roots

Litterfall and Decomposition in Relation to Soil Carbon Pools Along a Secondary Forest Chronosequence in Puerto Rico

Ostertag, R.; Marín-Spiotta, E.; Silver, W.L.; Schulten, J. 2008. Litterfall and decomposition in relation to soil carbon pools along a secondary forest chronosequence in Puerto Rico. Ecosystems. 11:701-714.

Abstract: 
Secondary forests are becoming increasingly widespread in the tropics, but our understanding of how secondary succession affects carbon (C) cycling and C sequestration in these ecosystems is limited. We used a well-replicated 80-year pasture to forest successional chronosequence and primary forest in Puerto Rico to explore the relationships among litterfall, litter quality, decomposition, and soil C pools. Litterfall rates recovered rapidly during early secondary succession and averaged 10.5 (± 0.1 SE) Mg/ha/y among all sites over a 2-year period. Although forest plant community composition and plant life form dominance changed during succession, litter chemistry as evaluated by sequential C fractions and by 13C-nuclear magnetic resonance spectroscopy did not change significantly with forest age, nor did leaf decomposition rates. Root decomposition was slower than leaves and was fastest in the 60-year-old sites and slowest in the 10- and 30-year-old sites. Common litter and common site experiments suggested that site conditions were more important controls than litter quality in this chronosequence. Bulk soil C content was positively correlated with hydrophobic leaf compounds, suggesting that there is greater soil C accumulation if leaf litter contains more tannins and waxy compounds relative to more labile compounds. Our results suggest that most key C fluxes associated with litter production and decomposition re-establish rapidly—within a decade or two—during tropical secondary succession. Therefore, recovery of leaf litter C cycling processes after pasture use are faster than aboveground woody biomass and species accumulation, indicating that these young secondary forests have the potential to recover litter cycling functions and provide some of the same ecosystem services of primary forests.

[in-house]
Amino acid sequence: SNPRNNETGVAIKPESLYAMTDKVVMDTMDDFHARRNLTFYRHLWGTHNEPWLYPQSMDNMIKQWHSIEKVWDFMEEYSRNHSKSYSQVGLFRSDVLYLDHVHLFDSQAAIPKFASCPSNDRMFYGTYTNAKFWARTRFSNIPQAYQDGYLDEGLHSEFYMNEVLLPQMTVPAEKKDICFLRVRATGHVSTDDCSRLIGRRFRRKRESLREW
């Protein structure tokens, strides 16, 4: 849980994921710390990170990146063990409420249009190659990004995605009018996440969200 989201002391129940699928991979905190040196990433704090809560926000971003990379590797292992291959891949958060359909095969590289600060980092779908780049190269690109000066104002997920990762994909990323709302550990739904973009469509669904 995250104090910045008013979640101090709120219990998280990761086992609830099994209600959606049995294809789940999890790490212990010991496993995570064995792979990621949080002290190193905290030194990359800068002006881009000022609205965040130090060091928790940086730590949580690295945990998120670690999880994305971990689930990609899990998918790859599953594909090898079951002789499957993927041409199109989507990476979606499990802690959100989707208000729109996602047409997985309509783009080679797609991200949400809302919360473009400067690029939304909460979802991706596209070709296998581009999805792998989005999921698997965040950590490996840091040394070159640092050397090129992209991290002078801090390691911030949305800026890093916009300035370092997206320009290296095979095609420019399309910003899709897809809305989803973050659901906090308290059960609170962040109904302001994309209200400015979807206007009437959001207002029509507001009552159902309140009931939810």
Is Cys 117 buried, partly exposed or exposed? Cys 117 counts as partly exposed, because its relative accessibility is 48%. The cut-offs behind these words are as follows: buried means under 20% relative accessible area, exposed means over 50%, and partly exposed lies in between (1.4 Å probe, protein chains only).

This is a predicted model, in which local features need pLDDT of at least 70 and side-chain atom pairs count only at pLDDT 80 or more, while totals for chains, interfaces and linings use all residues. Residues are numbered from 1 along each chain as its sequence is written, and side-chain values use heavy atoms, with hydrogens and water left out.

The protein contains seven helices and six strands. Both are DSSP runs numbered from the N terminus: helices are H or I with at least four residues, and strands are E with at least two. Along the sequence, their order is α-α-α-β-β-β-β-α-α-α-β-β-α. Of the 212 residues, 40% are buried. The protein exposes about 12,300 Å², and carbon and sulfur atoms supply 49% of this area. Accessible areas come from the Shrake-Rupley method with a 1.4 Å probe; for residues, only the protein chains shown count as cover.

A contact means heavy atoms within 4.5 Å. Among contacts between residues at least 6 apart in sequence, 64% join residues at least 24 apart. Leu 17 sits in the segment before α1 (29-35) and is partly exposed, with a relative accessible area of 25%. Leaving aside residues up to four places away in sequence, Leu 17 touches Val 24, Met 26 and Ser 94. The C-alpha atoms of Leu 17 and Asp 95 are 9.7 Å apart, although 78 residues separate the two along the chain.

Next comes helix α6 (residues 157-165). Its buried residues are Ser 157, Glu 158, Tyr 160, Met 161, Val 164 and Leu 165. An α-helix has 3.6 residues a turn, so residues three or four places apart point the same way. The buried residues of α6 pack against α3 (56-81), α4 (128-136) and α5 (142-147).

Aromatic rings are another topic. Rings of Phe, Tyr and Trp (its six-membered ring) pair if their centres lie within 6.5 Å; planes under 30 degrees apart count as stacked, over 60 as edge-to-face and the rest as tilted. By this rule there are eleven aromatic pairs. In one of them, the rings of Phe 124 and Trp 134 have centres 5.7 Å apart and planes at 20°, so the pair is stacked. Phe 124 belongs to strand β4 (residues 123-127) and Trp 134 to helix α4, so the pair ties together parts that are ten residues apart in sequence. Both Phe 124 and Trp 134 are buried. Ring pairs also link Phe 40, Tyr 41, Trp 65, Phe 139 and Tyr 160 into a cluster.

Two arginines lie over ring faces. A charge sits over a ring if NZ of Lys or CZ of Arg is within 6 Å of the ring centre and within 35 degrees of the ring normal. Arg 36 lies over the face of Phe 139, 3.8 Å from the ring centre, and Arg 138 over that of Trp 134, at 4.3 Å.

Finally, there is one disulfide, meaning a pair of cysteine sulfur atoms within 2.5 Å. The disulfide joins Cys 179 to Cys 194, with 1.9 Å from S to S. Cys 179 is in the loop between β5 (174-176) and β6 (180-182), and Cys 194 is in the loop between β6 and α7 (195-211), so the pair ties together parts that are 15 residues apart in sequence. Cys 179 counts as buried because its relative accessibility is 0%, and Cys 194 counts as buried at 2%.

At What Temporal Scales Does Disturbance Affect Belowground Nutrient Pools?

At What Temporal Scales Does Disturbance Affect Belowground Nutrient Pools?
Whendee L. Silver, Fred N. Scatena, Arthur H. Johnson, Thomas G. Siccama and Fiona Watt
Biotropica
Vol. 28, No. 4, Part A. Special Issue: Long Term Responses of Caribbean Ecosystems to Disturbances (Dec., 1996), pp. 441-457

Abstract: 
We monitored the effects of both harvesting aboveground biomass and Hurricane Hugo on soil chemical and physical properties, and live and dead root biomass over 6 yr in a subtropical wet forest in Puerto Rico. Our goal was to determine how belowground processes changed at different temporal scales including the immediate period prior to revegetation (9 wk), the intermediate period of initial regrowth (9 mo), and the longer-term reorganization of the vegetation and biogeochemical cycling (6 yr). Harvesting resulted in temporary increases in the availability of exchangeable nutrients, but forest floor and soil nutrient pools had generally returned to pre-harvest values over a 9 wk period. Significant amounts of K moved through the soil over this time period, amounting to 29-46 kg/ha-1, and resulting in a reduction in the size of the exchangeable soil K pool. The hurricane deposited approximately 845 kg/ha-1 of forest floor mass and considerable nutrients on the soil surface, and increased soil NO3-N and exchangeable K pools, but in all cases, pool sizes had returned to pre-hurricane values within 9 mo. Examination of the data on an annual time step over the 6 yr period revealed an increase in soil cation pools and a significant decrease in soil pH. No change in soil organic matter was detected at any time step following the disturbances. Live fine root biomass was dramatically reduced as a result of the hurricane, and was only beginning to show signs of recovery near the end of the 6 yr experiment.

Ecological Consequences of Root Grafting in Tabonuco (Dacryodes excelsa) Trees in the Luquillo Experimental Forest, Puerto Rico

Ecological Consequences of Root Grafting in Tabonuco (Dacryodes excelsa) Trees in the Luquillo Experimental Forest, Puerto Rico
Khadga Basnet, F. N. Scatena, Gene E. Likens and Ariel E. Lugo
Biotropica
Vol. 25, No. 1 (Mar., 1993), pp. 28-35

Abstract: 
Root grafting was commonly found in tabonuco (Dacryodes excelsa Vahl), a dominant tree species of tabonuco forest in the subtropical wet forest of Puerto Rico. Over 60 percent of all stems and basal area of tabonuco occurred in unions, clumps of trees interconnected by root grafts. Self and intraspecific grafting were extensive, while interspecific grafting was not common in tabonuco trees. Seedlings and saplings did not show any grafting, probably because of their size or age. Grafted trees were taller and had a smaller crown/DBH ratio. Hurricane damage was significantly higher in isolated individual tabonuco trees than those in unions. Weak relationships between diameter class, area, and size of union, and inter-tree distances and the sum of the trunk circumferences of the two nearest neighbors suggested that a noncompetitive force such as root grafting was more important than competitive forces in maintaining the unions of tabonuco, and thus the forest community. A conceptual model of the costs and gains of tabonuco in unions is presented.
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